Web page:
He was on his way upstairs somewhere as he followed Nyeogmi, the dimly lit hall they had entered barely visible in the twilight. When they reached the bat’s bedroom he said something about waiting for the night, and even though Ezra wasn’t sure he understood what Nyeogmi meant, he found he couldn’t move a muscle.
But it was good. He stood like that, frozen in the same position, paralyzed, unable to move. His body wasn’t the only thing stuck in place. His mind, too, couldn’t escape from the imagined sight of the green, those eyes, that deep gaze staring into the private corners of his awareness, making him feel so good. Even if they weren’t there, they were there, keeping him in place. Making sure he wouldn’t get away. He didn’t want to get away.
He just wanted to stare into the green. He wanted to…
Nyeogmi came back, if he’d left to begin with, and put some words in his head. He nodded absentmindedly. The orange light from outside had begun to melt into the sky, much like his thoughts and resistance had melted into the green.
It was getting darker. The bat said so. That was important, for some reason Ezra didn’t know. But Nyeogmi looked into his eyes again and then he didn’t need to know.
He followed his host elsewhere, in a sleepwalking dream. It was difficult to move, but he did so because he was supposed to. They reached a chamber that looked like a living room, and the fog in his mind seemed to clear a little. He blinked a few times, trying to go back to awareness. How long had it been?
Nyeogmi stood before him.
“Are you scared?”
The flames from the fireplace made his white, pointy fangs glint in the darkness.
“Yeah,” he said, gulping. He could move, but he didn’t feel like running away. “I think I am.”
“Why?” Nyeogmi asked, tilting his head. Those green eyes sparkled with interest. Even then, Ezra thought, he looked cute.
“Because you’re going to suck my blood,” he answered, with a shiver.
“And do you want that?”
Ezra closed his eyes, only to open them after a second.
“I think so,” he said. “But I can’t know if you’ve hypnotized me into that.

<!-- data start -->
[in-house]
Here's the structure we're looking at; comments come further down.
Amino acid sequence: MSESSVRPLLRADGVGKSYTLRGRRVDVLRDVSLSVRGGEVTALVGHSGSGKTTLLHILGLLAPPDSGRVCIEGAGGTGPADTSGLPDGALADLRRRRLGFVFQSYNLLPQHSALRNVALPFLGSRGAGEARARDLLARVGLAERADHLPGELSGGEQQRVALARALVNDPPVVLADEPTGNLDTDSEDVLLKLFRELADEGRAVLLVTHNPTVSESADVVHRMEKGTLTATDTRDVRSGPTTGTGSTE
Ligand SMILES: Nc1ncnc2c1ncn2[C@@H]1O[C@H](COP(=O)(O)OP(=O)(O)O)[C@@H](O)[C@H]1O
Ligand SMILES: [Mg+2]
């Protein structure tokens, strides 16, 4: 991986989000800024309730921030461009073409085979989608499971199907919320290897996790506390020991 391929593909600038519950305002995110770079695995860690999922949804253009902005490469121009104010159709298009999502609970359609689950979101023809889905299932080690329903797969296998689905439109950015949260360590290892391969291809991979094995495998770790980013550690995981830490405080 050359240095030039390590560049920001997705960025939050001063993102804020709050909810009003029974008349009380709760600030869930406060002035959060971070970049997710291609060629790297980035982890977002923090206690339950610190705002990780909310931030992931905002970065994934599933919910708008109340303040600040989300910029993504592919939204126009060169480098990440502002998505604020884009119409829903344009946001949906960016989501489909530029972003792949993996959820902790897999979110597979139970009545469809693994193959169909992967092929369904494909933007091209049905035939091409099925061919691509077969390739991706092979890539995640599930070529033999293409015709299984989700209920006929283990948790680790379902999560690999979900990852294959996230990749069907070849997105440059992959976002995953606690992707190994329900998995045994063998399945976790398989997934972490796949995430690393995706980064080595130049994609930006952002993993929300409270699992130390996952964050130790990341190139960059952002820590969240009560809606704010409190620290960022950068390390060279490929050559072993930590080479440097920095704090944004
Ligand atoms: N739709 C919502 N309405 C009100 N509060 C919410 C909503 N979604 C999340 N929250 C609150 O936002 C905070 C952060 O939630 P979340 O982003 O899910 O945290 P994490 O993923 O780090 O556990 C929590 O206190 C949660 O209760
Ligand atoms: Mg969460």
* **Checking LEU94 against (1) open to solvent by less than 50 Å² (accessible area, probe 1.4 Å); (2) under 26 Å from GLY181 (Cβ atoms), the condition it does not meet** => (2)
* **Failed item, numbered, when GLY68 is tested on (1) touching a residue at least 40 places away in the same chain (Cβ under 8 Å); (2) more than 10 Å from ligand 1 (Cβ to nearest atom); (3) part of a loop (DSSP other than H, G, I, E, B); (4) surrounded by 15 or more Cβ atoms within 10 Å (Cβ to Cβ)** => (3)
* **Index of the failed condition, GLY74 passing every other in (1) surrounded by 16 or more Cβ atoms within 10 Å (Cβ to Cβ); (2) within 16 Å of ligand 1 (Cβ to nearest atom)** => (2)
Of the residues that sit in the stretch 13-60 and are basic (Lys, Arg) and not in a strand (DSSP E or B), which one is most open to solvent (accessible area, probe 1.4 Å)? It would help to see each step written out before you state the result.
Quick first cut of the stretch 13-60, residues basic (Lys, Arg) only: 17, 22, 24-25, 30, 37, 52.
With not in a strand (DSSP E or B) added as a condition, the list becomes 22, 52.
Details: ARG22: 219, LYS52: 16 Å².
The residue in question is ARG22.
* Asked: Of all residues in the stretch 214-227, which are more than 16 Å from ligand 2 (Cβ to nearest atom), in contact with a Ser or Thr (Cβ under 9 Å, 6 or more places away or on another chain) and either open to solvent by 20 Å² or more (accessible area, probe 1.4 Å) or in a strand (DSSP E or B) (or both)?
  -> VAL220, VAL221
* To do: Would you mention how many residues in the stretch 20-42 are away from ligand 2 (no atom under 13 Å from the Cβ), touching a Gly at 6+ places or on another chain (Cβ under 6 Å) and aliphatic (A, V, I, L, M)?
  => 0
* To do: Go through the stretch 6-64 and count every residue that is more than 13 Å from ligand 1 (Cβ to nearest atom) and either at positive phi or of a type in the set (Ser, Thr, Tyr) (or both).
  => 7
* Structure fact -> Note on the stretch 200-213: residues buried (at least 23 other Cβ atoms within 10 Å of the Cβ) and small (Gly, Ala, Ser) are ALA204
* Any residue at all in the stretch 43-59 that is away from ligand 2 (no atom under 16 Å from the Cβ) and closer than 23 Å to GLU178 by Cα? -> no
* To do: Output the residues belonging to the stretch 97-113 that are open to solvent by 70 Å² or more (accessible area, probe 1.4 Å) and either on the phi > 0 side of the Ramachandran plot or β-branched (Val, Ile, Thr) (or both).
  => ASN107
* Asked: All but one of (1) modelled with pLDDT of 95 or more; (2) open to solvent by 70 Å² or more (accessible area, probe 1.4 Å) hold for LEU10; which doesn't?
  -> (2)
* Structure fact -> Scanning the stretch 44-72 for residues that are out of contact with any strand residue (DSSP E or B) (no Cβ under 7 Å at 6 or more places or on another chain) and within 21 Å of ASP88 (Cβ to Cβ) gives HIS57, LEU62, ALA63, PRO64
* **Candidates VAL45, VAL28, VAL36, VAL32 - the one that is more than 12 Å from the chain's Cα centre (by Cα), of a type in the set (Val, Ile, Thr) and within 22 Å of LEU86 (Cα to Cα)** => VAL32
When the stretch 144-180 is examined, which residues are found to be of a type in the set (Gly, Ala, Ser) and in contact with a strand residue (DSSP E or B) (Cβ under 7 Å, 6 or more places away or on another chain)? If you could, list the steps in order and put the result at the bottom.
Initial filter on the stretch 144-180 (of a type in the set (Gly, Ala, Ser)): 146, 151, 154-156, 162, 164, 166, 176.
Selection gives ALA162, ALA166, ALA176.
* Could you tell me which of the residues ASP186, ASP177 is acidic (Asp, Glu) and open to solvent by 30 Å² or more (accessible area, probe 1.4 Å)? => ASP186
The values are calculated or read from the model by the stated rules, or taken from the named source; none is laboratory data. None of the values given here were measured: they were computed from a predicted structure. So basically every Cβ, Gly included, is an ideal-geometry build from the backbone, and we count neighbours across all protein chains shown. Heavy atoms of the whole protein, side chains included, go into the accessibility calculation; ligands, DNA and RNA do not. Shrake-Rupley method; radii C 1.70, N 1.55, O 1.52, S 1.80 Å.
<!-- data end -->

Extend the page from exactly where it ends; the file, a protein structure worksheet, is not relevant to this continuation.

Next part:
Then Ezra took a step closer. Whether that was voluntary, he couldn’t know for sure.
“You seem really eager.”
He nodded. His body was shaking a bit, due to fear, excitement, or both.
The bat’s pink muzzle was getting closer. Those big eyes looked at him with hunger and interest as the distance between their bodies decreased.
“I want to hear you say it,” Nyeogmi said.
It didn’t feel like a command, but it could have been one. He couldn’t know. He wasn’t supposed to know.
“I want you to suck my blood,” he whispered, as a new shiver went down his spine.
Nyeogmi nodded. He looked satisfied.
Then he opened his mouth. Ezra momentarily saw small white fangs flashing in the firelight before they disappeared from his view. There was a sharp, brief pain in his neck that quickly faded into something else. Discomfort. He gasped and felt a rush of adrenaline running through his body, but then the bat enclosed him with his wings and he felt much calmer, much safer, much warmer.
The uncomfortable feeling faded as he began to hear a gurgling sound. It was darker, or maybe it was already night, Ezra wasn’t sure. He only felt himself becoming more and more tired with each passing second. The touch of the wings around his body, holding him gently, more and more pleasing.
He gave into the feeling and let himself rest against the bat. Another soft sigh.
He was small. He was powerless.
He felt the blood being sucked from his body, everything getting darker and warmer, fuzzy and heavy. Had he wanted that? He didn’t know. But he felt… happy.
Happy as what felt like the final drops of blood escaped his body, and his mind sank into the deep unknown darkness, where the only thing fully visible was those big, green…
He woke in the middle of the night
It took a couple seconds to understand what had happened, and it took him an effort to regain his breath. His mind felt wonderfully confused for a couple seconds, and then he tried to put his thoughts in order.
It seemed as if he’d gone through some sort of nightmare, but he wasn’t sure it had actually been a dream. He was terrified and, at the same time, very pleased.
He took a sip of water from the glass he kept on his nightstand. The cold liquid rushing down his throat gave him back some memories of what that experience had been about.
He sighed and looked at his table clock. It was three and he had a lot of assignments for the following days.
He placed the glass on his nightstand. If he’d had the eyes of a wolf, or any other nocturnal species, he might have noticed a few bound sheets right next to the spot where he’d set the glass. The front page read “Blindsight review, a comparative approach,” and on top of it was a note.
Hey! Thanks for letting me help you. Don’t worry about the payment; everything’s been sorted out. And it’s OK if you don’t remember what we did in detail — it was pretty boring. You just need to know: working with you was a delicious experience.
Warm regards from your bat friend,